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WISCONSIN DELLS – Farmers all across Wisconsin are beginning to look at ways to plant into growing cover crops, interseed into corn and soybeans and combine cover crops with manure management. These techniques vary across the state, influenced by things like soil type, cropping budgets and available equipment.

When Discovery Farms hosted the seventh annual conference in Wisconsin Dells last week a panel of farmers shared their ideas and described how their systems have helped to improve water quality and soil health and evaluate nitrogen efficiency.

At the conclusion of the conference they were joined by Dr. Francisco Arriago, soil scientist with the University of Wisconsin-Extension and Abigail Augarten of the Discovery Farms program to answer questions about how these systems have helped deal with issues related to weather, finances and yields and quality of crops produced.

Watertown dairy and crop farmer Tony Peirick has been no-tilling since 1994 and has worked with cover crops since 2005. He urged farmers considering these techniques to talk with other farmers who are no-tilling and utilizing cover crops.

“We need to share ideas and we need to work with a good crop consultant,” he states.

All three farmer participants in the discussion are involved with peer groups who share information with others.

Adam Lasch, who operates a diversified farm near Lake Geneva says his methods have sometimes been questioned by skeptical neighbors but the results of his efforts have been evident and when the inquisitive neighbors comment on the results, he is then able to convince them that his ideas are sound.

He illustrates, “When I planted into a green cover I was told by a neighbor that this would never work. By midsummer the other corn fields in the area were drying up but my field was tall and green. The next year he watched again but didn’t question my methods.”

Derek Van De Hey farms on heavy red soil near DePere. He started using cover crops as a means of extending the forage supply for the farm’s 950 dairy cows and 850 head of youngstock. The family expanded their cover cropping acreage due to the noticeable soil structure benefits.

Through their involvement with the Fox Demo Farms and the U.S. Geological Survey (USGS) edge-of-field monitoring, they have been able to quantify the amount of sediment that leaves their land. Through this they have been able to communicate the results of their efforts with other farmers.

He comments, “We have had landowners in our area seek us out to rent their land because of the way they see us improving our soil health.”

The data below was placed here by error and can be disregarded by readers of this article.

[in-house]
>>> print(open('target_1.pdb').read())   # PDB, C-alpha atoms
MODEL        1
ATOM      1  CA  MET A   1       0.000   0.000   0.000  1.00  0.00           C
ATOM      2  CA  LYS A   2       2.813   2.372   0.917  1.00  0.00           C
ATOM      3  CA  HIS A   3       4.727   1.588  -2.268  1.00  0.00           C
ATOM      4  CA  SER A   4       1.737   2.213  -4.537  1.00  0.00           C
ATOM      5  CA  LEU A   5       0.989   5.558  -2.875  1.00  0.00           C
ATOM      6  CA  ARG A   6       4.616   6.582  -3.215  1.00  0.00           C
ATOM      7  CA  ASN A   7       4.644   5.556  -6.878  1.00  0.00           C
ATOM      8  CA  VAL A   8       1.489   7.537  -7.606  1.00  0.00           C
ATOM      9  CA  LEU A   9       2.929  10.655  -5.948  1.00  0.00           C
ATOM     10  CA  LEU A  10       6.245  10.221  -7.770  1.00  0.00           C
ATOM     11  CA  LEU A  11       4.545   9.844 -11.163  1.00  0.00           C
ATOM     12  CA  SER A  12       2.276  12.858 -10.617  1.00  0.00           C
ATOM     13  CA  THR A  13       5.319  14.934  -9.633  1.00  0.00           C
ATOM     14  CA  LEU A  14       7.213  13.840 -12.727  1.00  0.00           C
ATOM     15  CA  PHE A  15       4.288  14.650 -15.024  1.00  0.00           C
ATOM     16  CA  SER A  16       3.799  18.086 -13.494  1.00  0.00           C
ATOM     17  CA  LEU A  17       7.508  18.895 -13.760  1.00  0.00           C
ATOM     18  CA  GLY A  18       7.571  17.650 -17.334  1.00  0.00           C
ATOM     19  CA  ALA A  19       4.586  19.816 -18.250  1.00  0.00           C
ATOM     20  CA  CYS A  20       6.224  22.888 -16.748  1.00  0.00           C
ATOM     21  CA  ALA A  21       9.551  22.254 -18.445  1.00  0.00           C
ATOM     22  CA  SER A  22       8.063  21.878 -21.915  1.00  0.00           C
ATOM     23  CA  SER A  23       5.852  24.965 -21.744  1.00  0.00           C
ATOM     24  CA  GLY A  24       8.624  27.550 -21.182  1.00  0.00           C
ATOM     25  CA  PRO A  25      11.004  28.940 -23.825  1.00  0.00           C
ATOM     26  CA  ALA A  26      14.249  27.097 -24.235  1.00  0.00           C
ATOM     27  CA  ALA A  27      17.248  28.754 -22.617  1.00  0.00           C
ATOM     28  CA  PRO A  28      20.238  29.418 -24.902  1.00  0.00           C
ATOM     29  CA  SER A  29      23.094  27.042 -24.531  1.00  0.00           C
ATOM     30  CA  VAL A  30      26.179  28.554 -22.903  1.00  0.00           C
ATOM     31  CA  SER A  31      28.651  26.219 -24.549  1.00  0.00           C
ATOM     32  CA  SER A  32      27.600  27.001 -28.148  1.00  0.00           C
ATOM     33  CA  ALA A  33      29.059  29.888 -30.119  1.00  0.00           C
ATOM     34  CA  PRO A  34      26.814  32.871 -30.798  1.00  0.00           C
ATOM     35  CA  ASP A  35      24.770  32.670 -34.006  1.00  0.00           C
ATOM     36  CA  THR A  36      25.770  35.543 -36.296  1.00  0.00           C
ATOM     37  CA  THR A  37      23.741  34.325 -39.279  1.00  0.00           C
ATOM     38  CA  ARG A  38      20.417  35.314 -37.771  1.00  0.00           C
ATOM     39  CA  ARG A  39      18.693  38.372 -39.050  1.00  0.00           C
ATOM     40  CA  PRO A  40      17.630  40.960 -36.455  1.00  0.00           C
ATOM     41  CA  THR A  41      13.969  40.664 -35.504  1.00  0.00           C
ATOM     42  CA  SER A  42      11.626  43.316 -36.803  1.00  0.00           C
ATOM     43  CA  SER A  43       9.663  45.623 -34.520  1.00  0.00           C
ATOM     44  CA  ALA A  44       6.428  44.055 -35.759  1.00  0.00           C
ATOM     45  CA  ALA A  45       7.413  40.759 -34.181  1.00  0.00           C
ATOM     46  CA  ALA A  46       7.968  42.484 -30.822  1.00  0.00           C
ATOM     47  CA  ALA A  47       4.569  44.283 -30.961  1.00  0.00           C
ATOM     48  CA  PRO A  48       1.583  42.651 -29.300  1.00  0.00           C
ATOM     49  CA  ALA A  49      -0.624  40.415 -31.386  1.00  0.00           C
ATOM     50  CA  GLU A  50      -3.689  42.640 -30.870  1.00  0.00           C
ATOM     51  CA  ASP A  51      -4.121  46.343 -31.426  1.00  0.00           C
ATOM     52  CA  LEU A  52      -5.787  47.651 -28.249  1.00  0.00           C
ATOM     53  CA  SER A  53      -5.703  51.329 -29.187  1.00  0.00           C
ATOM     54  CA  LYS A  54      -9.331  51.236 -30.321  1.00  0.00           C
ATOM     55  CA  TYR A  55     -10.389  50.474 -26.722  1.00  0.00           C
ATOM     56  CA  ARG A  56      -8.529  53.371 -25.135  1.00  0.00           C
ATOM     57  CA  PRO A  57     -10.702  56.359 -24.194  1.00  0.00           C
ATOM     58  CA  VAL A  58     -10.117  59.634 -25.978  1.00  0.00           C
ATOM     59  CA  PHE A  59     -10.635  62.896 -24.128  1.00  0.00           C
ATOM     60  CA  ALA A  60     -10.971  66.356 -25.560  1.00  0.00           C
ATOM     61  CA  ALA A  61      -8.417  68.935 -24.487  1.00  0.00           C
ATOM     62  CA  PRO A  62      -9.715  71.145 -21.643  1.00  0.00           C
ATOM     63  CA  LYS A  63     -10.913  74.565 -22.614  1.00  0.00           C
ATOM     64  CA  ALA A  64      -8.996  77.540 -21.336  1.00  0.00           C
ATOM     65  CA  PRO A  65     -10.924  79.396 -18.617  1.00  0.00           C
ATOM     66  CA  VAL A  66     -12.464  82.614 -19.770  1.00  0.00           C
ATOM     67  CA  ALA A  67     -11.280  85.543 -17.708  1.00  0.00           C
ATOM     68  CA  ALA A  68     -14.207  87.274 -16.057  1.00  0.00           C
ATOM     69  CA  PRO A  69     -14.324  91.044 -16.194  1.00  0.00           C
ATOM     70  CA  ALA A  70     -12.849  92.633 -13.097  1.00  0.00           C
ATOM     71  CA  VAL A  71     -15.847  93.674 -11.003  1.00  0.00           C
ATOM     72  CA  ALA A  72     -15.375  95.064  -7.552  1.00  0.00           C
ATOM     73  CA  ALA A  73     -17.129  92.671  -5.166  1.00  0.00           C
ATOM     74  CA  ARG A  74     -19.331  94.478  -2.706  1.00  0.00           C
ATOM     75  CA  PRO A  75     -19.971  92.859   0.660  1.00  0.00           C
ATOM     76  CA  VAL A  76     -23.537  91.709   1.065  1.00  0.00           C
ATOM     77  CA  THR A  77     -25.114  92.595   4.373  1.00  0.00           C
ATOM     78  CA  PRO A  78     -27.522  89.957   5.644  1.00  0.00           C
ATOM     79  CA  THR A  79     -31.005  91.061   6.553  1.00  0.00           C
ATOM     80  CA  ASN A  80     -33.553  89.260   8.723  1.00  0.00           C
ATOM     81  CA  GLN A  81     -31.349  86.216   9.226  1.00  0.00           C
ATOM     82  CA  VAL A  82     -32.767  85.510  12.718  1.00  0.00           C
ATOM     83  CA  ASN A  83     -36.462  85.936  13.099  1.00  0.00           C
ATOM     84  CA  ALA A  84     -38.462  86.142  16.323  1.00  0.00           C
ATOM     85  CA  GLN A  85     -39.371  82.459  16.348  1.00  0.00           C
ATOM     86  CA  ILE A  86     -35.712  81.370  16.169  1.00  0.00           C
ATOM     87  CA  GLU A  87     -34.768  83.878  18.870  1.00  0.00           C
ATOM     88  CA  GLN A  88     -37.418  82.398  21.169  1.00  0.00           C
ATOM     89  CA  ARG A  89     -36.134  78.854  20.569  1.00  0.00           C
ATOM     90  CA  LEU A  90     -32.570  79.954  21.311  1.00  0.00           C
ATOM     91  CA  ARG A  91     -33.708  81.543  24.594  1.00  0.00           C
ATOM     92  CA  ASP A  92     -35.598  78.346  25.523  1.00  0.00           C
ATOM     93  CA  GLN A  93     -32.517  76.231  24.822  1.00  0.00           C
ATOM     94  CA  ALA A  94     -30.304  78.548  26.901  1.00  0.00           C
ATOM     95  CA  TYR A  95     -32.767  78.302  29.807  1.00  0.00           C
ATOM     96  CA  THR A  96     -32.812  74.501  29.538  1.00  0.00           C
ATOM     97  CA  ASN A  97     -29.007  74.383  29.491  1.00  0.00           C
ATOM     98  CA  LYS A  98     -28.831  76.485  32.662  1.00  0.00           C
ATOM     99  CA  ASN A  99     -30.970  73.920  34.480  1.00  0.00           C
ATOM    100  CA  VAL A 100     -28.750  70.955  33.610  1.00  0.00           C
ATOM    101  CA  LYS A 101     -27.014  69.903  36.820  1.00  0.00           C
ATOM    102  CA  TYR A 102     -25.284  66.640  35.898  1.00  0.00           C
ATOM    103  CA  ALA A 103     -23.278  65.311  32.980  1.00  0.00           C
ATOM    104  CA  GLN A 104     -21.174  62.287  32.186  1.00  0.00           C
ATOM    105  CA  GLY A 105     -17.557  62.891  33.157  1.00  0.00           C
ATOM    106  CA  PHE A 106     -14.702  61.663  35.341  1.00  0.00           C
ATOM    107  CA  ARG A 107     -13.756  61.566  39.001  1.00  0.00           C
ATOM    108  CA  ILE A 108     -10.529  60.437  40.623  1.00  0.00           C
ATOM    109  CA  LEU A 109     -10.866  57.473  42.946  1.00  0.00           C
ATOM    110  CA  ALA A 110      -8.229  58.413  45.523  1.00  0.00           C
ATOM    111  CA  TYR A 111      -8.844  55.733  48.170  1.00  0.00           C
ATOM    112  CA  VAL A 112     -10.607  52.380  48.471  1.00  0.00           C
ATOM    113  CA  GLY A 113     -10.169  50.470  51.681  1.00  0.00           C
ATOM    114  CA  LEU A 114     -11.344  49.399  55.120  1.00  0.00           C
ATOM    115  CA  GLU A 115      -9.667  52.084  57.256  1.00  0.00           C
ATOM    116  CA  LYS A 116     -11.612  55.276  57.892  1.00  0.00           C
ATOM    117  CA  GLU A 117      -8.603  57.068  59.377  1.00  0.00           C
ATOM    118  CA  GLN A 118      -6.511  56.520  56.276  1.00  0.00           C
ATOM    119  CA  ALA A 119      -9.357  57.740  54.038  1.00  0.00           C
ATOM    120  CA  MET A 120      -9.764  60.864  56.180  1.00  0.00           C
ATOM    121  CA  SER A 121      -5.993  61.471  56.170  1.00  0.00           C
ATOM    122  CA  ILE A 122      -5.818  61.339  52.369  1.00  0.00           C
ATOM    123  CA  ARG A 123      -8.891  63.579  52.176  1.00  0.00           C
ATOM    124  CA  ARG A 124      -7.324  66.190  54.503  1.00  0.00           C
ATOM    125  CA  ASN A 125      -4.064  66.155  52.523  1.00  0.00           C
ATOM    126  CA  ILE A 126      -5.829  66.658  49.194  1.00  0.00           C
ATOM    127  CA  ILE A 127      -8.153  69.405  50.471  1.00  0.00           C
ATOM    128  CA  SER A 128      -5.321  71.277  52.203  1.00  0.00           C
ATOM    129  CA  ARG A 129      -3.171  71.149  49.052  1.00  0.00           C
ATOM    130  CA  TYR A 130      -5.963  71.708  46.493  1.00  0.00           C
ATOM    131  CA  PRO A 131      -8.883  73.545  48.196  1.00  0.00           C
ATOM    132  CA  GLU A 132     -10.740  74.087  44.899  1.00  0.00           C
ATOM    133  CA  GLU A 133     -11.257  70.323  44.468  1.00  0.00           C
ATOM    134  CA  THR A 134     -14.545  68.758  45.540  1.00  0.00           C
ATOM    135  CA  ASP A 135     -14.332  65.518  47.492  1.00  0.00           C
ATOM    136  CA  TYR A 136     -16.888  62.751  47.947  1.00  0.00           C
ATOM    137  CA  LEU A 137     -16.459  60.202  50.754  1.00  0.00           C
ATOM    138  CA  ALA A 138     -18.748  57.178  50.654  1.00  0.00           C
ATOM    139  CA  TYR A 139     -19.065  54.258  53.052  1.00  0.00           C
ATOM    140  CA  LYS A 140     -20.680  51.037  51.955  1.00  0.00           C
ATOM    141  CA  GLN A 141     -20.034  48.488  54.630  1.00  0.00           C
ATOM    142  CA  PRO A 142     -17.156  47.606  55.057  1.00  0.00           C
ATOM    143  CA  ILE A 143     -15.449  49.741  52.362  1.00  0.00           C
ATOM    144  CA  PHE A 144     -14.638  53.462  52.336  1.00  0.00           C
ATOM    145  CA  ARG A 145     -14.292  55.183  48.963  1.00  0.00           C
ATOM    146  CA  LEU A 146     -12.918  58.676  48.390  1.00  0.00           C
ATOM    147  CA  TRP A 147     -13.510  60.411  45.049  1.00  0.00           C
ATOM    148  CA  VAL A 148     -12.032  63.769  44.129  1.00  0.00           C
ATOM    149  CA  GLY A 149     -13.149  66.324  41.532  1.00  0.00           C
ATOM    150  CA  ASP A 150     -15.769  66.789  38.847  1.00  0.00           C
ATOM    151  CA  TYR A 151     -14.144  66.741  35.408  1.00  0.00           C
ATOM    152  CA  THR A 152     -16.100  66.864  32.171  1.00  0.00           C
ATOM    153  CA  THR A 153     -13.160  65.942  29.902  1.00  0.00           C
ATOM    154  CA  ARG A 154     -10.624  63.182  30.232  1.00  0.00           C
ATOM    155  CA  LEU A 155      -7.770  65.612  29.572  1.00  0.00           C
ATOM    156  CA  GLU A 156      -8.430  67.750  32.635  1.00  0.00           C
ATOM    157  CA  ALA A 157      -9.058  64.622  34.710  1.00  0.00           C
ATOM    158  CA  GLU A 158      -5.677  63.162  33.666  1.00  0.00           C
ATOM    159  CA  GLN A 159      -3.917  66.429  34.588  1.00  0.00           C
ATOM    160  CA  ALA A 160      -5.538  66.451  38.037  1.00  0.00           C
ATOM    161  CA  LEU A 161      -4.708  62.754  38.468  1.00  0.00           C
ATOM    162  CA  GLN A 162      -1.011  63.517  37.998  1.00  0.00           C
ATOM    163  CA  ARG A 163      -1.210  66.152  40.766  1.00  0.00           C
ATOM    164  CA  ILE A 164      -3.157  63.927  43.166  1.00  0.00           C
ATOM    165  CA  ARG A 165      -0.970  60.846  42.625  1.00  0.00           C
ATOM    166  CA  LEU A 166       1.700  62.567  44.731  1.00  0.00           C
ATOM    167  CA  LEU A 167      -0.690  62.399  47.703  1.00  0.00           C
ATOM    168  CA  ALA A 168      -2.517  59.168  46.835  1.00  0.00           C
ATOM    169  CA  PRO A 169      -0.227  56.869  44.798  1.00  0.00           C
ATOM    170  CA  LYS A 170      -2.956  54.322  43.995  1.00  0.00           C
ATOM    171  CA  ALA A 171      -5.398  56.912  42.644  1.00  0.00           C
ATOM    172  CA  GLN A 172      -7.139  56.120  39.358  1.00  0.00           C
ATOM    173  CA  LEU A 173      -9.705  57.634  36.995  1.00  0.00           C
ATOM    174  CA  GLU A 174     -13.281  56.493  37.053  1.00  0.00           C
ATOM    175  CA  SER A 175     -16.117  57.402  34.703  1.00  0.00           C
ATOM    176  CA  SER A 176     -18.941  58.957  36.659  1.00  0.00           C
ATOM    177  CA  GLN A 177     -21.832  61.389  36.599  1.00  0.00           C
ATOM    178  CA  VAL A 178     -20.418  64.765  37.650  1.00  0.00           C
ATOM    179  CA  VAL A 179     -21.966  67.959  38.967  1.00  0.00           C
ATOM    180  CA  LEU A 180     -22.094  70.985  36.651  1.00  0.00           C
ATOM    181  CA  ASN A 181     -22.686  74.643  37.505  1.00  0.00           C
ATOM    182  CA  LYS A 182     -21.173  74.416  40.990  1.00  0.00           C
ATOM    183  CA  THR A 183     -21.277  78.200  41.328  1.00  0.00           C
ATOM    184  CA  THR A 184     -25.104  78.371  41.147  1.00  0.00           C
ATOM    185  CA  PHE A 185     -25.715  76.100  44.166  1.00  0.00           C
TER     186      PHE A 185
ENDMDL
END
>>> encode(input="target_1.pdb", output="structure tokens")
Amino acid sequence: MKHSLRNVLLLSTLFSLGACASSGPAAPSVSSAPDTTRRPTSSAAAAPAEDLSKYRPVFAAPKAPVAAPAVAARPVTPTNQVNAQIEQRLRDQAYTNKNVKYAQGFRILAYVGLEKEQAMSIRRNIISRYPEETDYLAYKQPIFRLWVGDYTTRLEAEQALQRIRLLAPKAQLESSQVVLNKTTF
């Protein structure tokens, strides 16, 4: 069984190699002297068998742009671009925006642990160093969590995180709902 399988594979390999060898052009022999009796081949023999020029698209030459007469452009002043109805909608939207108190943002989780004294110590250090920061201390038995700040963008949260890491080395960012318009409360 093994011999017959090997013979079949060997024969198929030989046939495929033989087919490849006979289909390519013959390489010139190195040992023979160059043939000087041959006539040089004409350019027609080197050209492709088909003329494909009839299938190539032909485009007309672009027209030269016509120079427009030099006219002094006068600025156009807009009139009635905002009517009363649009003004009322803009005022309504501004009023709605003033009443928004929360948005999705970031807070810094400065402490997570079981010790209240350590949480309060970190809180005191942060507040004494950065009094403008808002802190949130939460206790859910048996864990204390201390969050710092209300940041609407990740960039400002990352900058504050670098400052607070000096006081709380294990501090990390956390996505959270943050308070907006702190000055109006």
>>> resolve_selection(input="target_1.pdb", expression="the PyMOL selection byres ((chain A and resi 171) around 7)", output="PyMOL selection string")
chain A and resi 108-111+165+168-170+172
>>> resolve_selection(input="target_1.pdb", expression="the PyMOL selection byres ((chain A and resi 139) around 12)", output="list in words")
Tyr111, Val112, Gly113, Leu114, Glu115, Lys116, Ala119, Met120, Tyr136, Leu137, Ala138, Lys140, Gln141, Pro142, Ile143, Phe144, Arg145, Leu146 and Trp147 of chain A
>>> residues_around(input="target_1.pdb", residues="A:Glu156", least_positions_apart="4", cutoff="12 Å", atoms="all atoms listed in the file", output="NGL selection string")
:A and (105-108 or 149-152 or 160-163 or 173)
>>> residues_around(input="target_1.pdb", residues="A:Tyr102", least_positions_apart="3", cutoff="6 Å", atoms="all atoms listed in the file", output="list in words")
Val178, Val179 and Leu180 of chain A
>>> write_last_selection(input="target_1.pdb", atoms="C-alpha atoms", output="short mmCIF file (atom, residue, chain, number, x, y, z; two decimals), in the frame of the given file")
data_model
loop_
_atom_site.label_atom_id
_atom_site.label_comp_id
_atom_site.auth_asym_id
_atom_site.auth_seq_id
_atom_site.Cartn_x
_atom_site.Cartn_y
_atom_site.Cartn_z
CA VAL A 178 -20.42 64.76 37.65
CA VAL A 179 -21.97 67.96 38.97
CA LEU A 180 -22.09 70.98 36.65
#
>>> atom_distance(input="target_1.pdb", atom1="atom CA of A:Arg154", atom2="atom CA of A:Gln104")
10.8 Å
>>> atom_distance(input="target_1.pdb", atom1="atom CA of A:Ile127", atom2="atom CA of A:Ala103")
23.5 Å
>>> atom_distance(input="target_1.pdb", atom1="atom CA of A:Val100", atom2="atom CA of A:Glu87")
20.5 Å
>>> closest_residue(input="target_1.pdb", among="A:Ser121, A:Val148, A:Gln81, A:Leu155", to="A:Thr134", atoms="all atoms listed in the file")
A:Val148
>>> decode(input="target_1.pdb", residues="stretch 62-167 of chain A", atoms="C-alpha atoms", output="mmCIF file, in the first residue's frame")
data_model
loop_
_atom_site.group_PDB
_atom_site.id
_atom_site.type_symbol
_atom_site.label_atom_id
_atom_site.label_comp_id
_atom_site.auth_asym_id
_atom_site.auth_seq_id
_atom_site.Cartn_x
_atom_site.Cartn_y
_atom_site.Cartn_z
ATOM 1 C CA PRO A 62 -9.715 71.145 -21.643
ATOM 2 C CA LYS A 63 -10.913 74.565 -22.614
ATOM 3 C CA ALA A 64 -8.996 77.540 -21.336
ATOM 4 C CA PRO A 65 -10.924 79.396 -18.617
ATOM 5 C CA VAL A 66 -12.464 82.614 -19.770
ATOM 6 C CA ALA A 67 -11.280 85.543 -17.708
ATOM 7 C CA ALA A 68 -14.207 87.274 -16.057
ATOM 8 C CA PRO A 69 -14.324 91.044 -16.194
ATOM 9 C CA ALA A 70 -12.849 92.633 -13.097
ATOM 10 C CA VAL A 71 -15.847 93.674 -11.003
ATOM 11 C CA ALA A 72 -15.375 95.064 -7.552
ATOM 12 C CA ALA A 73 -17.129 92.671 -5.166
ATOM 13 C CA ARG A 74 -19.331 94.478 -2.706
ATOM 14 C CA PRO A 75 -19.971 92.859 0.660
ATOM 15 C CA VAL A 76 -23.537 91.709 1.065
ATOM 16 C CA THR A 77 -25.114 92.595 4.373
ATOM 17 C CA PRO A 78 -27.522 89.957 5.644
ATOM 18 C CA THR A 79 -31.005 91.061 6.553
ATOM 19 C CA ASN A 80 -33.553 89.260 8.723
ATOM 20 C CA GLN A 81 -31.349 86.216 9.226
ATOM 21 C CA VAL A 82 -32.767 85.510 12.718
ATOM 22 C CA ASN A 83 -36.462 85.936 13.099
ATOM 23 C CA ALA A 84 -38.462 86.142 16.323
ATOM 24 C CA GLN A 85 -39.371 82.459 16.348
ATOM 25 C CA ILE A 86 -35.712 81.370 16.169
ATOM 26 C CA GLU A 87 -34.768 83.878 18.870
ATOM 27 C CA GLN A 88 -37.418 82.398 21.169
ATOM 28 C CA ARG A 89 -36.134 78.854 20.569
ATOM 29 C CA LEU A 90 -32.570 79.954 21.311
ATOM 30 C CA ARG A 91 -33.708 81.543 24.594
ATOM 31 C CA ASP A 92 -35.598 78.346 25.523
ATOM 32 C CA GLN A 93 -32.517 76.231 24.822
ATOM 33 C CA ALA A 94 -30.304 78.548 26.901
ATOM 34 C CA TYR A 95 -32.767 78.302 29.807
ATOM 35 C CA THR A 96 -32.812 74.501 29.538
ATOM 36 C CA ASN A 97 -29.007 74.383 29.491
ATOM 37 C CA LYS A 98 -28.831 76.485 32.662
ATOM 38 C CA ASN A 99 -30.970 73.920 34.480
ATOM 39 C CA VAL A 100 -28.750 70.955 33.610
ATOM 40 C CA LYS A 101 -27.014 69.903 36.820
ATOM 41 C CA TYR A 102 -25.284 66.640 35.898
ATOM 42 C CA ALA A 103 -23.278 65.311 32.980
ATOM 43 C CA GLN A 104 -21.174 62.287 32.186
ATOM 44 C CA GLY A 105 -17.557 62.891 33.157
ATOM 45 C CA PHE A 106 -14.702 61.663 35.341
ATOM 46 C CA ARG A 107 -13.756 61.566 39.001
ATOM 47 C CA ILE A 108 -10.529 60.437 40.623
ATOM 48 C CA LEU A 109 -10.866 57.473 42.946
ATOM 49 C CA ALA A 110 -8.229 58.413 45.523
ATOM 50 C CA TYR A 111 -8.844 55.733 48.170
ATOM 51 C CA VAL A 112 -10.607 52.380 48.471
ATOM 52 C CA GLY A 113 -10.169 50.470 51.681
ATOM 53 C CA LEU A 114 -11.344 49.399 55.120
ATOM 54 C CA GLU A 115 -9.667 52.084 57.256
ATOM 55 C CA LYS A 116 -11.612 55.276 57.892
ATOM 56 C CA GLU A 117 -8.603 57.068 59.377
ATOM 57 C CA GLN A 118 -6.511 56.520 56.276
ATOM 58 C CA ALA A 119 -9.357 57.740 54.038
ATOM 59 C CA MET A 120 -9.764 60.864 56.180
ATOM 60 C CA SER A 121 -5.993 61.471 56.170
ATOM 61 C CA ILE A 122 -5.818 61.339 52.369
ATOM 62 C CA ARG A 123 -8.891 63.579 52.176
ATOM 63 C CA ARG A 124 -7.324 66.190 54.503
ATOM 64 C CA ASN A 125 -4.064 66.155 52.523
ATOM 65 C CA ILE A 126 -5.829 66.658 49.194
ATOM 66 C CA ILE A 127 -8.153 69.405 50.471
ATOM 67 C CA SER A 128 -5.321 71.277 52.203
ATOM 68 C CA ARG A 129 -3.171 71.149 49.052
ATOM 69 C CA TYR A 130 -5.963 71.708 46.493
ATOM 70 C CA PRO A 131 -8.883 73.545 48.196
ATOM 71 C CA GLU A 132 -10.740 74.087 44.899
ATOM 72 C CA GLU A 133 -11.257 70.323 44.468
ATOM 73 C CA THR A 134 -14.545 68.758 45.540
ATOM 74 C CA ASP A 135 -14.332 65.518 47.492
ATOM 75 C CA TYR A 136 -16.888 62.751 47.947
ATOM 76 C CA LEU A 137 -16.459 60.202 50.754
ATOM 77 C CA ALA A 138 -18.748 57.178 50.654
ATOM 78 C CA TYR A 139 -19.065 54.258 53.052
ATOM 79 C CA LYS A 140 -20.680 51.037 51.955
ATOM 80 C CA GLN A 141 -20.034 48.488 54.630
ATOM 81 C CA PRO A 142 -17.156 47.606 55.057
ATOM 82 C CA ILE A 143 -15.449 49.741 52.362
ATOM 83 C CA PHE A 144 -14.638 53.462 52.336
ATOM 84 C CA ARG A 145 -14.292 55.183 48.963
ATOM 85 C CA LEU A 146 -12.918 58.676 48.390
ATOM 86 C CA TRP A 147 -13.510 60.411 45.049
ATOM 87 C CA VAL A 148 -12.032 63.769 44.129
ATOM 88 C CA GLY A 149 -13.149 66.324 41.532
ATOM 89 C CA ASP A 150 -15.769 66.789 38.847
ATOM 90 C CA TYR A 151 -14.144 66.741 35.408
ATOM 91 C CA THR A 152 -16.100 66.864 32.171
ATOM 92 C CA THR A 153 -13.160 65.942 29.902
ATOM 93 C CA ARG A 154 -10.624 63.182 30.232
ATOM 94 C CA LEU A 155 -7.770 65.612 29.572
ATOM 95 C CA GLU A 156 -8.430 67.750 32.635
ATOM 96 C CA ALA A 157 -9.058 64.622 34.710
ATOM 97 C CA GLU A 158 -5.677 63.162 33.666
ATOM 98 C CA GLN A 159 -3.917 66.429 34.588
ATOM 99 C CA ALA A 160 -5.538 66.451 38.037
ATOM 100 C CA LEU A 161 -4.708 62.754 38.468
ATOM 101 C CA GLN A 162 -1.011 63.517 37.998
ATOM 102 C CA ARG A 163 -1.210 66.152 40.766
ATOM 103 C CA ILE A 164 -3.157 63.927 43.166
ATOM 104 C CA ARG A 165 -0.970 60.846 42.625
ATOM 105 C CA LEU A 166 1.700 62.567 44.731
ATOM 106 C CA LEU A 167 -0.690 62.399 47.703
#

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Peirick commented on the need to not only communicate with other farmers but also with others in the area who have expressed concerns about water quality and its relationship to farming practices.

Peirick is co-chair of the Dodge County Healthy Soil-Healthy Water group. That organization was formed after representatives of several area lakes association asked the county board to require farmers to have a 50-foot buffer strip along all waterways on the farm.

In response to this, farmers came together to talk with lake association members about their practices and also to learn ways to further improve farming practices to prevent erosion. The lakes groups were responsive and have sent representatives to field days on the farm and have attended meetings to learn more about farming practices.

Lakes groups have also invited farmers to go on boat tours of their lakes where they share their concerns about silting and pollution.

Peirick points out, “As a result of the communication between farmers and lakes association members in our area our healthy soil group has received a total of $14,000 from the lakes groups and through this we were able to provide free rye seed to farmers willing to experiment with cover crops.”

The Dodge county group continues to hold educational workshops to encourage more farmers to try cover crops and no till as a means of building healthier soil and preventing erosion.

Dr. Arriago admitted that in the past university studies looked at various strategies for planting crops but did not look at the biology of the soil. The emphasis was always on soil aggregation and how it affected soil erosion and on yields.

He noted, “The importance of biology is incredible. Whatever you do affects the biology of the soil. Tillage and cover crops all affect the biology of the soil.”

One of the reasons many farmers have incorporated cover crops into their farms is to grow their own nitrogen.

Abigail Augarten of the UW Discovery Farms program has been working with farms on finding out their Nitrogen Use Efficiency.

Efficient use of nitrogen is essential for crop production, whether the nitrogen source is commercial fertilizer, manure, legumes or some combination.

“Assessing the efficiency of nitrogen application on a per-field basis is a valuable first step in evaluating your nitrogen fertilizer management plan,” she says.

In 2019 UW-Discovery Farms will be offering a 3-part workshop series to guide farmers through the process of implementing an NUE study on their fields, analyzing individual NUE values compared with the WI-specific benchmarks, and determining future steps to improve efficiency.

Wisconsin farmers, crop consultants, farm advisors and extension agents are invited to take part in the workshops.

To learn more or to enroll check out the Discovery Farms program at www.uwdiscoveryfarms.org

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